Elizabeth Freise | Experiential Creator & Producer

That no matter what, nothing goes exactly as planned. So, instead of being surprised when something shifts, be ready for it, flexible, and positive. Any event is a combination of perfect planning, styled details, and quick-flex ideas in reaction to unexpected elements. Read more>>

JEREMIAH BAKER | Creative Entrepreneur

Know your why, and be yourself.
You can’t be all things for everyone, but you can be something great for someone. If you try to move with the tides of the world you can easily lose sight of your true North. In business, especially as a creative and and entrepreneur, not knowing your point of view is expensive. After all, waves fade and tides recede. Artist’s just love to create and are usually full of ideas. I’m no exception, for me it’s like a leaky faucet I can’t shut off. We, can easily get sucked into trying to develop every Idea we imagine. This however, is not great for business success as it can equate to a lot of money spent developing things nobody sees value in. More over, it doesn’t give your brand a reason to exist. The audience you want to connect with needs to understand your focus and your intention. This is what draws them and grows your reach, eventually you reach a common wavelength with your tribe and they become your customer’s. Read more>>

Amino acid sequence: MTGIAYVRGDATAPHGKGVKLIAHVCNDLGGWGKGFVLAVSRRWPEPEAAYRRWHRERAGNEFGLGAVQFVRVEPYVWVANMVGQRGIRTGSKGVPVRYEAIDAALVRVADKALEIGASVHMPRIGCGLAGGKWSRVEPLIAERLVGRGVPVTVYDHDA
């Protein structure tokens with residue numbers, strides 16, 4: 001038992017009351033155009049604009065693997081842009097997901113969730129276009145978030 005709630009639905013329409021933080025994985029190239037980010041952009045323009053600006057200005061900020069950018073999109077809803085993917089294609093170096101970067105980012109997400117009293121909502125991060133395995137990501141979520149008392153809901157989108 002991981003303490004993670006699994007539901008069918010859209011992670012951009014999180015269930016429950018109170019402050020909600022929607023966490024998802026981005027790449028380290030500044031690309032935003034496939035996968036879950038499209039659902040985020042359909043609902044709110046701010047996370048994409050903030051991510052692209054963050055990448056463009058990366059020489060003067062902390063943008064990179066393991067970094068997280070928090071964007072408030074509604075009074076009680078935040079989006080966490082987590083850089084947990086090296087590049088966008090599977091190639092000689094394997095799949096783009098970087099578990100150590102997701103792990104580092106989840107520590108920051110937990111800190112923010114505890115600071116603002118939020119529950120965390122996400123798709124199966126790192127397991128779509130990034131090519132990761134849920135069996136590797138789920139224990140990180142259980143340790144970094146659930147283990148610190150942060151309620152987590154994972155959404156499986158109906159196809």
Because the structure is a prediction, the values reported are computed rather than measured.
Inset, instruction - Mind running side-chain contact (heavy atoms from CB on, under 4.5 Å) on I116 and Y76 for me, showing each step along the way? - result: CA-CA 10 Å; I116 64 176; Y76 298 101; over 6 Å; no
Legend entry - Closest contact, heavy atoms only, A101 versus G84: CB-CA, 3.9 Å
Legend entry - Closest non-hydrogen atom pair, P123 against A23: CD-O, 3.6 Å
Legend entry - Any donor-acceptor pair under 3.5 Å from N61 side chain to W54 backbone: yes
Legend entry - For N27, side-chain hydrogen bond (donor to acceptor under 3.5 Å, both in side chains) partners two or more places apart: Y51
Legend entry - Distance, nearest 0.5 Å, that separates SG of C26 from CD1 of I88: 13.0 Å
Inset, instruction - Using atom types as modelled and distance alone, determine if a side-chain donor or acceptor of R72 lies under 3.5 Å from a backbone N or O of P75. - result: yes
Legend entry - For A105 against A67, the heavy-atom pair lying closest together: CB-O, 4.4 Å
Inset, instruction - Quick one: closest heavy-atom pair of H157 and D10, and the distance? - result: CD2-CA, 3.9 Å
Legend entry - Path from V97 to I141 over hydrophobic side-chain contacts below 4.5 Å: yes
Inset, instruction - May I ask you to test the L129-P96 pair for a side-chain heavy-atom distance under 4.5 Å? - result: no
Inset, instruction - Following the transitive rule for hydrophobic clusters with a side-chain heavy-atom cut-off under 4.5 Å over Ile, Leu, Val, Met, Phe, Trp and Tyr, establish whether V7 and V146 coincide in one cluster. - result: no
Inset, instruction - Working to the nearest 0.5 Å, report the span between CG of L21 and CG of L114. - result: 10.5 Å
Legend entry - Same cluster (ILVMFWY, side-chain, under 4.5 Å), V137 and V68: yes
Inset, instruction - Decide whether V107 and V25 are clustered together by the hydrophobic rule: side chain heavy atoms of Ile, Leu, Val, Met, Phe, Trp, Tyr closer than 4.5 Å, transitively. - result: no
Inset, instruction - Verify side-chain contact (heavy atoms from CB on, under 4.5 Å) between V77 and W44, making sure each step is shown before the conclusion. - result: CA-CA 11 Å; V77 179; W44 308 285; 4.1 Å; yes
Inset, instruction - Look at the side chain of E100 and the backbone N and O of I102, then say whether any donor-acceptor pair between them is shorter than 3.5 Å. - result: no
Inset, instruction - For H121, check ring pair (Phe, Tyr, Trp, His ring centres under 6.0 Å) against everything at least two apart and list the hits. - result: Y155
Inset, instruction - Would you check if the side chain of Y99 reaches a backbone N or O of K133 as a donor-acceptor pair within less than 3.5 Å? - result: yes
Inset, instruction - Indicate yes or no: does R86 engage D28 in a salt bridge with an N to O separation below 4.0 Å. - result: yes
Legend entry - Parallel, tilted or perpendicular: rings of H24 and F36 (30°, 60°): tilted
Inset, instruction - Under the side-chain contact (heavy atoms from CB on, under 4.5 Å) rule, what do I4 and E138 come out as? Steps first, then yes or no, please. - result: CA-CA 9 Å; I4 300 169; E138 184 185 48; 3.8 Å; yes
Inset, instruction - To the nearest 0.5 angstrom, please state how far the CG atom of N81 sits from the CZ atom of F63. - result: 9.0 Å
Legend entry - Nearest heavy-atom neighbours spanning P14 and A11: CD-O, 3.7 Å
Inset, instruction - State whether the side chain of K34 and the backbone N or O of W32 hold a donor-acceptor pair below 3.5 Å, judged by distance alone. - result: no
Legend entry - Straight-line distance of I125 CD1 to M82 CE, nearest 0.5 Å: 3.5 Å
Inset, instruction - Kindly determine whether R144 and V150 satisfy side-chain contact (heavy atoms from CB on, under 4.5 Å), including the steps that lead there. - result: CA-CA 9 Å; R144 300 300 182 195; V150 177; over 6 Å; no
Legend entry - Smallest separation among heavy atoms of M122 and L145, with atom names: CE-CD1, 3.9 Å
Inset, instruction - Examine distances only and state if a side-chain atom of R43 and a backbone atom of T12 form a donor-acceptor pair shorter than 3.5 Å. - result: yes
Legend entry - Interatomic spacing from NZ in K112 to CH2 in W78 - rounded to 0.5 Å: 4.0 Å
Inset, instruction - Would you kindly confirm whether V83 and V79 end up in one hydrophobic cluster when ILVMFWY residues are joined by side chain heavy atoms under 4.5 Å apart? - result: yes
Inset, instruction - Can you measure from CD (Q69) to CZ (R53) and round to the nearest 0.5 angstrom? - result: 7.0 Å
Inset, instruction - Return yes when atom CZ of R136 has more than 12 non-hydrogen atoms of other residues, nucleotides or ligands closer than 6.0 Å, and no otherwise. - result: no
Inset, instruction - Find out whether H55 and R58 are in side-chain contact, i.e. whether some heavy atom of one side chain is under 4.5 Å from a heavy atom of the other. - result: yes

Yorgi Spanos | Brand Director at Manssion

I have learned two important things during my journey with Manssion. The first being the importance of a strong team and foundation. I wouldn’t be anywhere without my two partners Feras and Torii. They are both incredibly inspiring and their worth ethic is contagious. Torii, is one of the most solutions-led people I have ever met. He will stop at nothing to get something done. Feras, Is hands down one of the smartest people I have ever met. His ability to evaluate and trust the slow process takes a special kind of person. I think people get impatient, but his maturity of patience is why he is who he is. You combine that with my creativity and vision that is a well-rounded team. The second important lesson this journey/career has taught me was to just go for it. You won’t know if you don’t try. Read more>>

Tyra Chantel Sparks | Artist & Designer

Failure isn’t failure; it’s an identifier. Before actually putting in the work to have my own business, I thought failure was the end all, be all- and embarrassing. Now, I’m realizing all failure is doing is pointing out the ‘flaw’ in our idea and letting us know where we need to improve. I fail so much that I often don’t even catch it, because I’m issuing these little identifiers as clues to get to my goal. Read more>>

Hillary Danner | Founder, Jenkins Jellies

A powerful realization for me was recognizing that business growth and personal growth go hand-in-hand. This is especially true for solopreneurs, as we navigate our own unchartered waters of building a business and trying to wear all the proverbial hats. For many years– the twists and turns of my personal life mirrored the uneven course I was experienceing in my business.